As soon as my aunt was settled here, she sent for her brother William, who, since his mother’s death, had been boarded at a substantial shopkeeper’s, in the little village of Worle, on the Channel, about twenty miles from Bristol. I look back upon his inoffensive and monotonous course of life with a compassion which I was then not capable of feeling. For one or two years he walked into the heart of the city every Wednesday and Saturday to be shaved, and to purchase his tobacco; he went, also, sometimes to the theatre, which he enjoyed highly. On no other occasion did he ever leave the house; and, as inaction, aided, no doubt, by the inordinate use of tobacco, and the quantity of small beer with which he swilled his inside, brought on a premature old age, even this exercise was left off. As soon as he rose, and had taken his first pint of beer, which was his only breakfast, to the summer-house he went, and took his station in the bow-window as regularly as a sentinel in a watch-box. Here it was his whole and sole employment to look at the few people who passed, and to watch the neighbours, with all whose concerns at last he became perfectly intimate, by what he could thus oversee and overhear. He had a nickname for
every one of them. In the evening, my aunt am generally played at five-card loo with him, in which he took an intense interest; and if, in the middle of the day, when I came home to dinner, he could get me to play at marbles in the summer-house, he was delighted. The points to which he looked on in the week were the two mornings when Joseph came to shave him; this poor journeyman barber felt a sort of compassionate regard for him, and he had an insatiable appetite for such news as the barber could communicate. Thus his days past in wearisome uniformity. He had no other amusement, unless in listening to hear a comedy read; he had not, in himself, a single resource for whiling away the time, not even that which smoking might have afforded him; and being thus utterly without an object for the present or the future, his thoughts were perpetually recurring to the past. His affections were strong and lasting. Indeed, at his mother’s funeral his emotions were such as to affect all who witnessed them. That grief he felt to the day of his death. I have also seen tears in his eyes when he spoke of my sisters, Eliza and Louisa, both having died just at that age when he had most delight in fondling them, and they were most willing to be fondled. Whether it might have been possible to have awakened him to any devotional feelings may be doubted; but he believed and trusted simply and implicitly, and more, assuredly, would not be required from one to whom so little had been given. He lived about four years after this removal. His brother Edward died a year before him, of pulmonary con-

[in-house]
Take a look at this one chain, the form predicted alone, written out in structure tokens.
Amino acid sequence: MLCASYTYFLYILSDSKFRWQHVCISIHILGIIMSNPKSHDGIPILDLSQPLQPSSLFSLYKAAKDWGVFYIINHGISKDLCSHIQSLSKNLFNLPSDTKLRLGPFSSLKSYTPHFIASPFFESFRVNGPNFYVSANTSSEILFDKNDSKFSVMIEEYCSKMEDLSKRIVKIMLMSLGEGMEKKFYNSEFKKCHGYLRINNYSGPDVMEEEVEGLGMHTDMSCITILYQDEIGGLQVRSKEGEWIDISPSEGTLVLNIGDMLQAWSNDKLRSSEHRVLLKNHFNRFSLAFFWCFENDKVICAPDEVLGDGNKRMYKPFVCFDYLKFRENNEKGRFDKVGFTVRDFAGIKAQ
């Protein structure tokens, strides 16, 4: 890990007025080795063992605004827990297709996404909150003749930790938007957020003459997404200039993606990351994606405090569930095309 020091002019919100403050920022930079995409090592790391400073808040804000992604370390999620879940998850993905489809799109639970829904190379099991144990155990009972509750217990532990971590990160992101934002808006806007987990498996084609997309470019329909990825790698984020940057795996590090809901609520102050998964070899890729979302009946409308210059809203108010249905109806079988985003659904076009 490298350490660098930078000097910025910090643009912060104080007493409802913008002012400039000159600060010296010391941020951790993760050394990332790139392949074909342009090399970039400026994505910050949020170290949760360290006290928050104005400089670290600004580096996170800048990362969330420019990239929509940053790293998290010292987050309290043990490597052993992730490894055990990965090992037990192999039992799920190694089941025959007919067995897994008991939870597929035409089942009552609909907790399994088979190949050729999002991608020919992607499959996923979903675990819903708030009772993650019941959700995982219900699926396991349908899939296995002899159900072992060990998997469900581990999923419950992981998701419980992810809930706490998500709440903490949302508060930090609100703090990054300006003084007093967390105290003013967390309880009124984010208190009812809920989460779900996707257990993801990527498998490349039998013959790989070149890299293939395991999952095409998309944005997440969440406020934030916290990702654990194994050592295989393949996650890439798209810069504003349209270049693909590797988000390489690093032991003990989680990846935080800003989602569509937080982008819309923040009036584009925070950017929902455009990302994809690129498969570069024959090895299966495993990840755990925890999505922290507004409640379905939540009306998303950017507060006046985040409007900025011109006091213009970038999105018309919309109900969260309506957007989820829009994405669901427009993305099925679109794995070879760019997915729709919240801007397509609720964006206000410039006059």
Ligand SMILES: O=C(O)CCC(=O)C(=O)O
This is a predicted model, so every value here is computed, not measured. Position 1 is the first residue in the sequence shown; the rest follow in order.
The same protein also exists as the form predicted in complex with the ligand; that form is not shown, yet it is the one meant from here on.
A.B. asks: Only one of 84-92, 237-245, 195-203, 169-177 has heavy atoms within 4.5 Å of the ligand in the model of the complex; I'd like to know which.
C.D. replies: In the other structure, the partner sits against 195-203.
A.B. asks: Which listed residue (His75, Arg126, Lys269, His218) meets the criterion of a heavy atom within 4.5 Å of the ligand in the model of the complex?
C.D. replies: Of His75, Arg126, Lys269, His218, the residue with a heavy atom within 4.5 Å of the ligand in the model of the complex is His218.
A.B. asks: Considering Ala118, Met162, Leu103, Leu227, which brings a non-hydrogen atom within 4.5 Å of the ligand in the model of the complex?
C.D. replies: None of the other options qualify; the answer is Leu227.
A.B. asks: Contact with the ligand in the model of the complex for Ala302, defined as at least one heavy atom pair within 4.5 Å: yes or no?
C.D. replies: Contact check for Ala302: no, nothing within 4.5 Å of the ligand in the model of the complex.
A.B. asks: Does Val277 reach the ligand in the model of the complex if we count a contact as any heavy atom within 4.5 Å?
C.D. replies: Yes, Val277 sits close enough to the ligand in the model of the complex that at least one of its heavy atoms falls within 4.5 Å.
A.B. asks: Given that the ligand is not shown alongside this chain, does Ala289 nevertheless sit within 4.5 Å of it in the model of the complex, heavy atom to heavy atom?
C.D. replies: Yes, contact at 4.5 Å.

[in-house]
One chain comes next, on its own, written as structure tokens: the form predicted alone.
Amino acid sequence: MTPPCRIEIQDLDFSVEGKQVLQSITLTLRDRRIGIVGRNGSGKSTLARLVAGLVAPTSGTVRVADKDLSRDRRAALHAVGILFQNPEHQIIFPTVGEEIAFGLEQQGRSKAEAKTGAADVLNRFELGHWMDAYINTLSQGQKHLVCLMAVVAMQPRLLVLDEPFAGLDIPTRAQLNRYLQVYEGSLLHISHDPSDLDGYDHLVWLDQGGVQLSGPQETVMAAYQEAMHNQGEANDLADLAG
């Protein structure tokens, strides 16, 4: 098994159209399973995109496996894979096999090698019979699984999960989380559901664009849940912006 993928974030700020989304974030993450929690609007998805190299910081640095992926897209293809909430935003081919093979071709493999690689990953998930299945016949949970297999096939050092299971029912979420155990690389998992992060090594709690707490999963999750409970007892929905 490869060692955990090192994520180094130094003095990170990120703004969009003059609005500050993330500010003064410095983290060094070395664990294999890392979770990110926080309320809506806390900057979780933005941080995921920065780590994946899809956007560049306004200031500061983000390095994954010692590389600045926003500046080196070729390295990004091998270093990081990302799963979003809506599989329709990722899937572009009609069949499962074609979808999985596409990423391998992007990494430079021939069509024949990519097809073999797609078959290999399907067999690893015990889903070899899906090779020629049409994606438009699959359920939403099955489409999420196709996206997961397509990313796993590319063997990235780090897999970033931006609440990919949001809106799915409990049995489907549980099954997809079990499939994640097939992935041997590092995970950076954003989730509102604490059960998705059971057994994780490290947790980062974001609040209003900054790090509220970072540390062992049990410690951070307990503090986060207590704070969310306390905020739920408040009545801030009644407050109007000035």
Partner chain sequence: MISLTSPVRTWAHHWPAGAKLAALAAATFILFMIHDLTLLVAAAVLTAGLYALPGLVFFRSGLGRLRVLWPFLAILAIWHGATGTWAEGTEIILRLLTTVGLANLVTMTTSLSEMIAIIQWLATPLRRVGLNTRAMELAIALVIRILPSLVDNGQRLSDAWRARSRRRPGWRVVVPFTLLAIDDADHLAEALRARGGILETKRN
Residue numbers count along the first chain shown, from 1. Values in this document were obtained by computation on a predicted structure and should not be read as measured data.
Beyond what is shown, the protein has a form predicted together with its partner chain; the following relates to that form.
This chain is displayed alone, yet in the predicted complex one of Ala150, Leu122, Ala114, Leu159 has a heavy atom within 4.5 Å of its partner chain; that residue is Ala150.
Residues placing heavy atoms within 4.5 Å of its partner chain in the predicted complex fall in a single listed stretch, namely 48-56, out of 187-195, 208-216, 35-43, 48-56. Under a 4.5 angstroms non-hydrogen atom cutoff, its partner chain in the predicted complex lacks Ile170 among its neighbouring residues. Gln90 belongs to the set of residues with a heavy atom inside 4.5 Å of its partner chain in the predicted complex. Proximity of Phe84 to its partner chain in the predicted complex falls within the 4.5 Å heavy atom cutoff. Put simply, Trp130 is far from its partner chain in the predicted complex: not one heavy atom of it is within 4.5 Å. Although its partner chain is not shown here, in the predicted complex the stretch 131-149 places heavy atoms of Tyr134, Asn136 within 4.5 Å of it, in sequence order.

sumption. This event affected him deeply. He attended the funeral, described the condition of the coffins in the family vault in a manner which I well remember, and said that his turn would be next. One day, on my return from school at the dinner-hour, going into the summer-house, I found him sitting in the middle of the room and looking wildly; he told me he had been very ill, that he had had a seizure in the head, such as he had never felt before, and that he was certain something very serious ailed him. I gave the alarm: but it passed over; neither he himself, nor any person in the house, knew what such a seizure indicated. The next morning he arose as usual, walked down stairs into the kitchen, and as he was buttoning the knees of his breeches, exclaimed, “Lord have mercy upon me!” and fell from the chair. His nose was bleeding when he was taken up. Immediate assistance was procured, but he was dead before it arrived. The stroke was mercifully sudden, but it had been preceded by a long and gradual diminution of vital strength; and I have never known any other case in which, when there were so few external appearances of disease or decay, the individual was so aware that his dissolution was approaching.

I often regret that my memory should have retained so few of the traditional tales and proverbial expressions which I heard from him, more certainly than from all other persons in the course of my life. Some of them have been lately recalled to my recollection by Grimm’s Collection. What little his mind was capable of receiving it had retained tenaciously,
and of these things it had a rich store. Upon his death
Miss Tyler became the sole survivor of her paternal race.